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Opposites do attract...hard and fast.
Greg Hargrove has a ticket to the hottest party in town: Drew Bradley's annual Odd Ball. Dressed for the theme as one half of a popular sitcom duo, Greg doesn't expect to meet his match and engage in a secret night of passion while the festivities rage on. When handsome Rick Wade falls on his radar, however, Greg decides to partake of more explicit party favors.
Is Rick more than a one-night stand, though, or can Greg look forward to many passion-filled reruns?
In the ten years Drew Bradley hosted his annual Odd Ball, people knew to expect two events: sometime toward the end of the evening Drew would lose his pants, and the two winners of the Best Oscar and Best Felix costume awards would immediately hook up afterward and live happily ever after. That many of the happy couples continued to come to the big party as their chosen television personas stood testament to their host’s impeccable matchmaking—and entertaining—skills.
Greg Hargrove personally didn’t care if either happened on his watch. After years of watching siblings primp and prepare for the biggest bash in town, he’d finally reached the requisite legal drinking age and could now attend. Though he’d never seen the television show that inspired the theme of the party, he’d gleaned enough by living vicariously through older friends—and researching YouTube clips—to know the score.
On November fourteenth, Felix Unger was asked to leave his apartment. This request came from his wife...
There was more to the prologue, he knew, but in his excitement Greg thought himself fortunate to recall his own name, much less those of characters from a TV show that ceased airing first run episodes long before he was a “glint in the mailman’s eye,” as his brothers liked to tease.
Greg adjusted his Yankees ball cap and smoothed a hand over his three-day-old stubble. It itched like hell, but he wanted to shoot for realism even if he didn’t win the grand costume prize. Would be nice, though, since neither of his older brothers had won before, and Greg had heard Drew didn’t skimp on the goods. Last year’s couple, he’d been told, won matching gold watches. At the front door of Drew’s McMansion of a home, a wiry, unsmiling man with a long nose looked down at Greg over his John Lennon glasses. “Your invitation?” He held out a pale, almost wrinkleless palm.
“Sure.” Greg surrendered the requisite card given to him by his brother Joe, who couldn’t make it this time. Joe hadn’t kidded him when he warned about the exclusivity of the event. What the hell went on here that required protection against crashers?
The butler-bouncer, for lack of a better description, peered down at the invitation for a long moment, as though determining its authenticity. Then, curling it in his bony hand, he addressed Greg. “You may access all designated party rooms with the exception of the VIP area, and you must stay in character. How everyone behaves throughout the evening will determine the final judging for the contest.”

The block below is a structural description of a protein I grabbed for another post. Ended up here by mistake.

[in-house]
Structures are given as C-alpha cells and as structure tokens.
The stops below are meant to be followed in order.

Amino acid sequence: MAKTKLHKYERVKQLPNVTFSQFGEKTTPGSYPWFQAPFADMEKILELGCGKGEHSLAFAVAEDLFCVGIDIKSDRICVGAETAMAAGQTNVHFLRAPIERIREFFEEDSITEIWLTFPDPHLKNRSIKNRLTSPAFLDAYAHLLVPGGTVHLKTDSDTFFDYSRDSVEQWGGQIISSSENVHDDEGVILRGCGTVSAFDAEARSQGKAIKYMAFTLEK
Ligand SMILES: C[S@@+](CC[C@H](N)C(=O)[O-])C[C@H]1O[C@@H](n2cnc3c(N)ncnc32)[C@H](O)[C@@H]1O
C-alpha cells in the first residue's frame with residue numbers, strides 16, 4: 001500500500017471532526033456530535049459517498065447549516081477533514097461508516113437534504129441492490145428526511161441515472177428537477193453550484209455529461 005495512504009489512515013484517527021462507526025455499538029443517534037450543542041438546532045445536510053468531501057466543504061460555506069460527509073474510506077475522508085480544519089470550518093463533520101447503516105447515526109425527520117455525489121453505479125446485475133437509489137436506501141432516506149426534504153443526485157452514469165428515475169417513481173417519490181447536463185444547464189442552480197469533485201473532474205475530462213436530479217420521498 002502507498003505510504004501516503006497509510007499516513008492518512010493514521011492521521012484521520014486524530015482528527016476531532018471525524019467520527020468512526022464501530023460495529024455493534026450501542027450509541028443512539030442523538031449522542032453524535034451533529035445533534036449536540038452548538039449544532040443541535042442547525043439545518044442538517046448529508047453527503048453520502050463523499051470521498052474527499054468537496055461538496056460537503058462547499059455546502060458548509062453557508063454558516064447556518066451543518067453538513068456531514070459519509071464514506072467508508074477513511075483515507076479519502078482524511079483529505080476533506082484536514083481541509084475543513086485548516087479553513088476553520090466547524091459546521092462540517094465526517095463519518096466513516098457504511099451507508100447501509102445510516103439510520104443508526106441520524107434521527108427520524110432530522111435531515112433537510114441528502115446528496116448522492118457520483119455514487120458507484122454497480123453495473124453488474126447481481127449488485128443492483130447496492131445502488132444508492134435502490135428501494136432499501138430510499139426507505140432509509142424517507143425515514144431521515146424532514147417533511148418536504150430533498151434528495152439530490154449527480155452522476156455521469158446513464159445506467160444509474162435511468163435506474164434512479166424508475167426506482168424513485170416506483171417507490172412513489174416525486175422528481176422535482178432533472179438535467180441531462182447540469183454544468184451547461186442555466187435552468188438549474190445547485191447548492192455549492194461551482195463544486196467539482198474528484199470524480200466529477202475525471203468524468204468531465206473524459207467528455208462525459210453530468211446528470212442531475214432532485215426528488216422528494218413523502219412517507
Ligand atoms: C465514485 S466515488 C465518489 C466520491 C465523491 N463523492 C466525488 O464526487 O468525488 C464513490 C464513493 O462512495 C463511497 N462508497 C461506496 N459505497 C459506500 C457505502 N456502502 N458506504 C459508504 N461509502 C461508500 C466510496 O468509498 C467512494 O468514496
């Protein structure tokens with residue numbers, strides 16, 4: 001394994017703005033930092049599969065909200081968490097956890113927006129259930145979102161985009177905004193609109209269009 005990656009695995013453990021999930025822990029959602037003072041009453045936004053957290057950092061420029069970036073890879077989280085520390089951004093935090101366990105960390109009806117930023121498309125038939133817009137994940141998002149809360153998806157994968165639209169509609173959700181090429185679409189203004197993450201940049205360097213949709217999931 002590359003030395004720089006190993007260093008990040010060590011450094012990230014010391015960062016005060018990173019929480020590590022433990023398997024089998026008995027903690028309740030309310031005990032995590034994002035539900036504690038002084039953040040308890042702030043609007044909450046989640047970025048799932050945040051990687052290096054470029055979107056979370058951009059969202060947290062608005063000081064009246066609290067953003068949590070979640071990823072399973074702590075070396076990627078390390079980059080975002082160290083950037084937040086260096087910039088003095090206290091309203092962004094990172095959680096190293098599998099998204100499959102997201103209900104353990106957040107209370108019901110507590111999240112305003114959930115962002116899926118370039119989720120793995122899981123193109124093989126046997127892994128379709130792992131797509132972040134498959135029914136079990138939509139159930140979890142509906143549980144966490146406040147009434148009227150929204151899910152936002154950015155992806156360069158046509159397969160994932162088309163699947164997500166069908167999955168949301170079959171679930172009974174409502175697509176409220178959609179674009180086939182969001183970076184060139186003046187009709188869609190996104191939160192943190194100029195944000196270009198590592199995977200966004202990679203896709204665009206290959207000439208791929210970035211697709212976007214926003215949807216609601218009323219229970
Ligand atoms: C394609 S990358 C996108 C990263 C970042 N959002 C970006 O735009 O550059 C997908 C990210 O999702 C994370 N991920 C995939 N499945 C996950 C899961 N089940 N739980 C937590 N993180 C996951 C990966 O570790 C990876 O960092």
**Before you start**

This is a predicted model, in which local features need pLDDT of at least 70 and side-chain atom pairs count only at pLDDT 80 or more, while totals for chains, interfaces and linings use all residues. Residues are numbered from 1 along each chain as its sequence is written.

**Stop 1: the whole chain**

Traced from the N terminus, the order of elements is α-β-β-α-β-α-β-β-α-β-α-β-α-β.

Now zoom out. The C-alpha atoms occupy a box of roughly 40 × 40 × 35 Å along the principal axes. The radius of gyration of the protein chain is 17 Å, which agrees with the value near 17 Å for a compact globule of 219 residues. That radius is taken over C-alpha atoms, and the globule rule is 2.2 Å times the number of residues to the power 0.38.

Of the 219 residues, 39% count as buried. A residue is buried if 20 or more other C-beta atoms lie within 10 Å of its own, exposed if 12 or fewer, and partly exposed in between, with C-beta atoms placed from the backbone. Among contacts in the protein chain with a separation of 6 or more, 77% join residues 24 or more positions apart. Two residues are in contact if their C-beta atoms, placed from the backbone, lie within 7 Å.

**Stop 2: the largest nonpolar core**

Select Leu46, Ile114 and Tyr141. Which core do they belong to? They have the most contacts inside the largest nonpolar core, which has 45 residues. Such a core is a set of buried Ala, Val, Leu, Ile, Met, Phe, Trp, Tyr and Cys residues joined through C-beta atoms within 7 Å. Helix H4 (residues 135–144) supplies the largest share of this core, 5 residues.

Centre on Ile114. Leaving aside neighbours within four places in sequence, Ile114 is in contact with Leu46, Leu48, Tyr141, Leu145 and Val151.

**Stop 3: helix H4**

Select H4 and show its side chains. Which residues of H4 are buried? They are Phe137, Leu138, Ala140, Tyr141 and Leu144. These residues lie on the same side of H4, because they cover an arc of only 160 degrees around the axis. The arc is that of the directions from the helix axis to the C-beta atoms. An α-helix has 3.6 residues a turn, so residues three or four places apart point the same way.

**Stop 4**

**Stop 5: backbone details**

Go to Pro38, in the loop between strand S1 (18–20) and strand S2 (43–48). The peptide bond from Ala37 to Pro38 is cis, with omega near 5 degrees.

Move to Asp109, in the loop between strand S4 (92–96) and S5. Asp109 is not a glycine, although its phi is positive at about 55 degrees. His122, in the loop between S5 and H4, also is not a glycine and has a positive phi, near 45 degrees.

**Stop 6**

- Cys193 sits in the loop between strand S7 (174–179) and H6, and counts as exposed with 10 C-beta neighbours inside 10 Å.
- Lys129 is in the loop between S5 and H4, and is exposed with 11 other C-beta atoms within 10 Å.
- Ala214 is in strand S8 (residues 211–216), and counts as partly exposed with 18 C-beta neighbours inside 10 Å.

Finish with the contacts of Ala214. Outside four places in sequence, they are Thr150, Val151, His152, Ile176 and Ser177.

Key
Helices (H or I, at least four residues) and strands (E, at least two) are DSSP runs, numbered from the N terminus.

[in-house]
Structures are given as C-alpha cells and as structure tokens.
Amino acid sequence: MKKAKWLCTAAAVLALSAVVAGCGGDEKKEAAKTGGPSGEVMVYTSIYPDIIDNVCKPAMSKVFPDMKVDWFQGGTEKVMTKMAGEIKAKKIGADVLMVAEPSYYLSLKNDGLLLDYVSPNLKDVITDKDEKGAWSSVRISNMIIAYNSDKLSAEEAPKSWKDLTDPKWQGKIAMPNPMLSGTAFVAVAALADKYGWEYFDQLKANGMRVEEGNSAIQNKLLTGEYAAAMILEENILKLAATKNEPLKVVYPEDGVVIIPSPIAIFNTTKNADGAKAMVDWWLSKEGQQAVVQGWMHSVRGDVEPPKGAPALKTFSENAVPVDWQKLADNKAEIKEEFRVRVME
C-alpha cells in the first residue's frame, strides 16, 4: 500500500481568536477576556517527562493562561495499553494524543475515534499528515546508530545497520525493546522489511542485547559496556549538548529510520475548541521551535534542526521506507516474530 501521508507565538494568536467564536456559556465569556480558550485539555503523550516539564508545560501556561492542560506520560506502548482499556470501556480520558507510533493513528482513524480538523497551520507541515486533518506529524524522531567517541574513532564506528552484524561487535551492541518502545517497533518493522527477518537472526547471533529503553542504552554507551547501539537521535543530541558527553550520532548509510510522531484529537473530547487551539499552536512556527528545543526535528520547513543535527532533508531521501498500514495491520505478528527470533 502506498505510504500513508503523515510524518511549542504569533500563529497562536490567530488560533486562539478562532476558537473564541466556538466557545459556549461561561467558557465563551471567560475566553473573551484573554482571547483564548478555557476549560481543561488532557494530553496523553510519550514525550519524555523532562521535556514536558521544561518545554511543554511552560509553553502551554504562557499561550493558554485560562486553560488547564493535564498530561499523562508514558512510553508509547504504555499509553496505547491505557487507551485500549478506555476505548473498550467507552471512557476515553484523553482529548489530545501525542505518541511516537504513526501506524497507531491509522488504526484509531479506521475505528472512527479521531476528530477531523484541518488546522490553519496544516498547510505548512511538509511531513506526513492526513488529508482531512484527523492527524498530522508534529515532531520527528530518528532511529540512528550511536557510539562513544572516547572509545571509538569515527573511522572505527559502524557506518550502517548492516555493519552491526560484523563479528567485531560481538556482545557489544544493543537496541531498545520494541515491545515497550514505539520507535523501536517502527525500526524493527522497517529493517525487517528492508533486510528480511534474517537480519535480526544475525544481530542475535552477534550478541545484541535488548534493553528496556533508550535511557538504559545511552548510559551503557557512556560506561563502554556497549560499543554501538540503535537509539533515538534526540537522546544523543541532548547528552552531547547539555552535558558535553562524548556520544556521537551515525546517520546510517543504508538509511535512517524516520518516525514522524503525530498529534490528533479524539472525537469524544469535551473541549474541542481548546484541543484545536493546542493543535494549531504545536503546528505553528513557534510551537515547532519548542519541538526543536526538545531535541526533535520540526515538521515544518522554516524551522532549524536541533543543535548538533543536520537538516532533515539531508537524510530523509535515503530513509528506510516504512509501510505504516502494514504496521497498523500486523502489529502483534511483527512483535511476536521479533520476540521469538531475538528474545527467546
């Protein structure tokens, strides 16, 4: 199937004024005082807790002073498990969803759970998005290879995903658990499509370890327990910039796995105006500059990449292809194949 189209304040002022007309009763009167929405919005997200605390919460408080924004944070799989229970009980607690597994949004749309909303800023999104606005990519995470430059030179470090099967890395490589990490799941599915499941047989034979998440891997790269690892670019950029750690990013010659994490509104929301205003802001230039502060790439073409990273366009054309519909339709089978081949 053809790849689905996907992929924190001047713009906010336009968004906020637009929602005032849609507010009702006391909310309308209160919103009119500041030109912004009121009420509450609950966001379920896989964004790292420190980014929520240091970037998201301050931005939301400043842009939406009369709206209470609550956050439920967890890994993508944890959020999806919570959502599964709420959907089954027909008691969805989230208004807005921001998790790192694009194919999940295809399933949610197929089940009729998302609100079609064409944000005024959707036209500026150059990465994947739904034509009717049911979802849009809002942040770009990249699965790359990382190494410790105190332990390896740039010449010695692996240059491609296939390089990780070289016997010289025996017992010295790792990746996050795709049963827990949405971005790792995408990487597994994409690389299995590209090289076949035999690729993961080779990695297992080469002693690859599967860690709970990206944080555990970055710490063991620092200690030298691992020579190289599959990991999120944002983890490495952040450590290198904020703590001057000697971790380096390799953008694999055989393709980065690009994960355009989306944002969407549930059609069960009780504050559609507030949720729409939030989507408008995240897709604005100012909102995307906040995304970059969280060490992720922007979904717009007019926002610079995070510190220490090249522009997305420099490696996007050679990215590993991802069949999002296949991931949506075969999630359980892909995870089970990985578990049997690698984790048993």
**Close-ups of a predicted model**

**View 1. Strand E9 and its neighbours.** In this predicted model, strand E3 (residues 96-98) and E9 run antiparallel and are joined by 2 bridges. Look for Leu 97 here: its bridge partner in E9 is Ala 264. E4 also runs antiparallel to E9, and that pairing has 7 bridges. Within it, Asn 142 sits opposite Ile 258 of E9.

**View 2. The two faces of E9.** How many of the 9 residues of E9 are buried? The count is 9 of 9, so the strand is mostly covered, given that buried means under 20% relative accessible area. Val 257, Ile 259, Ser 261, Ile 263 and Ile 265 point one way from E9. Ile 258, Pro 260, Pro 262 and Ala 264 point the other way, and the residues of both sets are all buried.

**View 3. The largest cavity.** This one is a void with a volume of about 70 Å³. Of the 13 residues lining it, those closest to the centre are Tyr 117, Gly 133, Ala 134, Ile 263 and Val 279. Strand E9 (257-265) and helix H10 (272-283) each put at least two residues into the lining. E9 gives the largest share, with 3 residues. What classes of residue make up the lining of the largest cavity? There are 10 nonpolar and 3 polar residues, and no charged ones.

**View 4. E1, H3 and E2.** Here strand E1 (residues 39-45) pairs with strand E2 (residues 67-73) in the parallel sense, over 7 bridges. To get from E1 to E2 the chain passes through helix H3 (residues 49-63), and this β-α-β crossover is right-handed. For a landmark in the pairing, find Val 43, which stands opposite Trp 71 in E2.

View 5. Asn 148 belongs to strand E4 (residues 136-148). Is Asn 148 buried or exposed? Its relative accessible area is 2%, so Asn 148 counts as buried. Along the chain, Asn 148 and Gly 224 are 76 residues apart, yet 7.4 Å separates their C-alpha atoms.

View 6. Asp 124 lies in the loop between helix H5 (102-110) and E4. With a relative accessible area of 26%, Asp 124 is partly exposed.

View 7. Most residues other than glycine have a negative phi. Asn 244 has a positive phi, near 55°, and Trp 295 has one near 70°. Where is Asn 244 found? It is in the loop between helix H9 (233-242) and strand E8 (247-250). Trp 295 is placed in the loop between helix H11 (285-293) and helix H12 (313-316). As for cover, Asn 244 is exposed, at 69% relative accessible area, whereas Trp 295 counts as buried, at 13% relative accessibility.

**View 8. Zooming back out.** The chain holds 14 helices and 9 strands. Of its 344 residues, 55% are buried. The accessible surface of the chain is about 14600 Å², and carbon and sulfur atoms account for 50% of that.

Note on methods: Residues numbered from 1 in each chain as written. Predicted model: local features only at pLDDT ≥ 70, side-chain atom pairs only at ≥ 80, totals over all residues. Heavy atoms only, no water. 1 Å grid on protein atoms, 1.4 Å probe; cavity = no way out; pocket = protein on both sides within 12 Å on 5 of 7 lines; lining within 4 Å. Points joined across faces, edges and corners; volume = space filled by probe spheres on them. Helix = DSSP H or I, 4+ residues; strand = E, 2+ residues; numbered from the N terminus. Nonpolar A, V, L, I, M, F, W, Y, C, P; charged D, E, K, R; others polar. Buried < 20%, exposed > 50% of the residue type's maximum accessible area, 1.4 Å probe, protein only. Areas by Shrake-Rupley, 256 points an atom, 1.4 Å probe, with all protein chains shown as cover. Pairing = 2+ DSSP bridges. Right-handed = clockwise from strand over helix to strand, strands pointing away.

“Got it.” Damn, people sure took this party seriously. At least, going as slovenly Oscar rather than uptight Felix, Greg believed he could blend in easily. Acting like a slob came naturally to him anyway.
“Good.” The man startled Greg with a warm smile that completely softened the landscape of his face. “Enjoy yourself.”
Greg passed through a wide foyer of gilt-framed mirrors and Queen Anne occasional tables to reach the main party area. Drew Bradley certainly didn’t hide his wealth, and Greg wondered how the guy came into his money. According to rumors, he’d either inherited it or invested wisely in the early days of Internet IPOs. Either way, the guy was apparently loaded.
On seeing the vast living room filled with partygoers, Greg realized the host didn’t spare any expense for this gig, either.
A shorter, blond Felix, crisp and clean in pleated beige slacks, white Oxford, and a green sweater vest, approached from the left and offered a can of Schlitz.
“You’re new,” he said. It wasn’t a question.
Greg nodded. “Yeah, I just got in,” he said, his attention still drawn to the room. A thick white line divided the space, half the room appointed with elegant antiques and servers bearing silver trays of fancy hors d’oeuvres. A string trio played in one corner. Not a speck on the carpet.
The other side, by contrast, looked as if a tornado had hit. Junky couches peppered with tortilla shards crowded the space, and plastic bowls of pretzels and chips sat everywhere. No coasters under cans, no napkins. A group of Oscars gathered around a flat screen television, watching a hockey match.
Amid the activity, though, Greg did notice how the guests crossed the line to interact with each other. A female Felix turned up her nose as her Oscar companion offered her a bite of a dripping sandwich, while a Chinese Oscar got his hand slapped when he tried to touch a vase on the Felix side.
Greg’s new Felix friend chuckled. “No, I meant you’re new here, period. I’ve been coming to this party since the very first year. I would have remembered you.”
“Oh?” Greg finally turned to see how handsome his companion looked despite the stuffy demeanor. This Felix stood straight, a good head shorter than Greg, and possessed a serene quality he usually found attractive. Greg liked his men slim and tended to favor twinks, though he’d not before considered anybody older. If what this man said was true, he had at least six to ten years on Greg. The Odd Ball admission required guests to be at least twenty-one.
Greg folded his arms and regarded the Poindexter. “What makes you think you could single me out?” he challenged.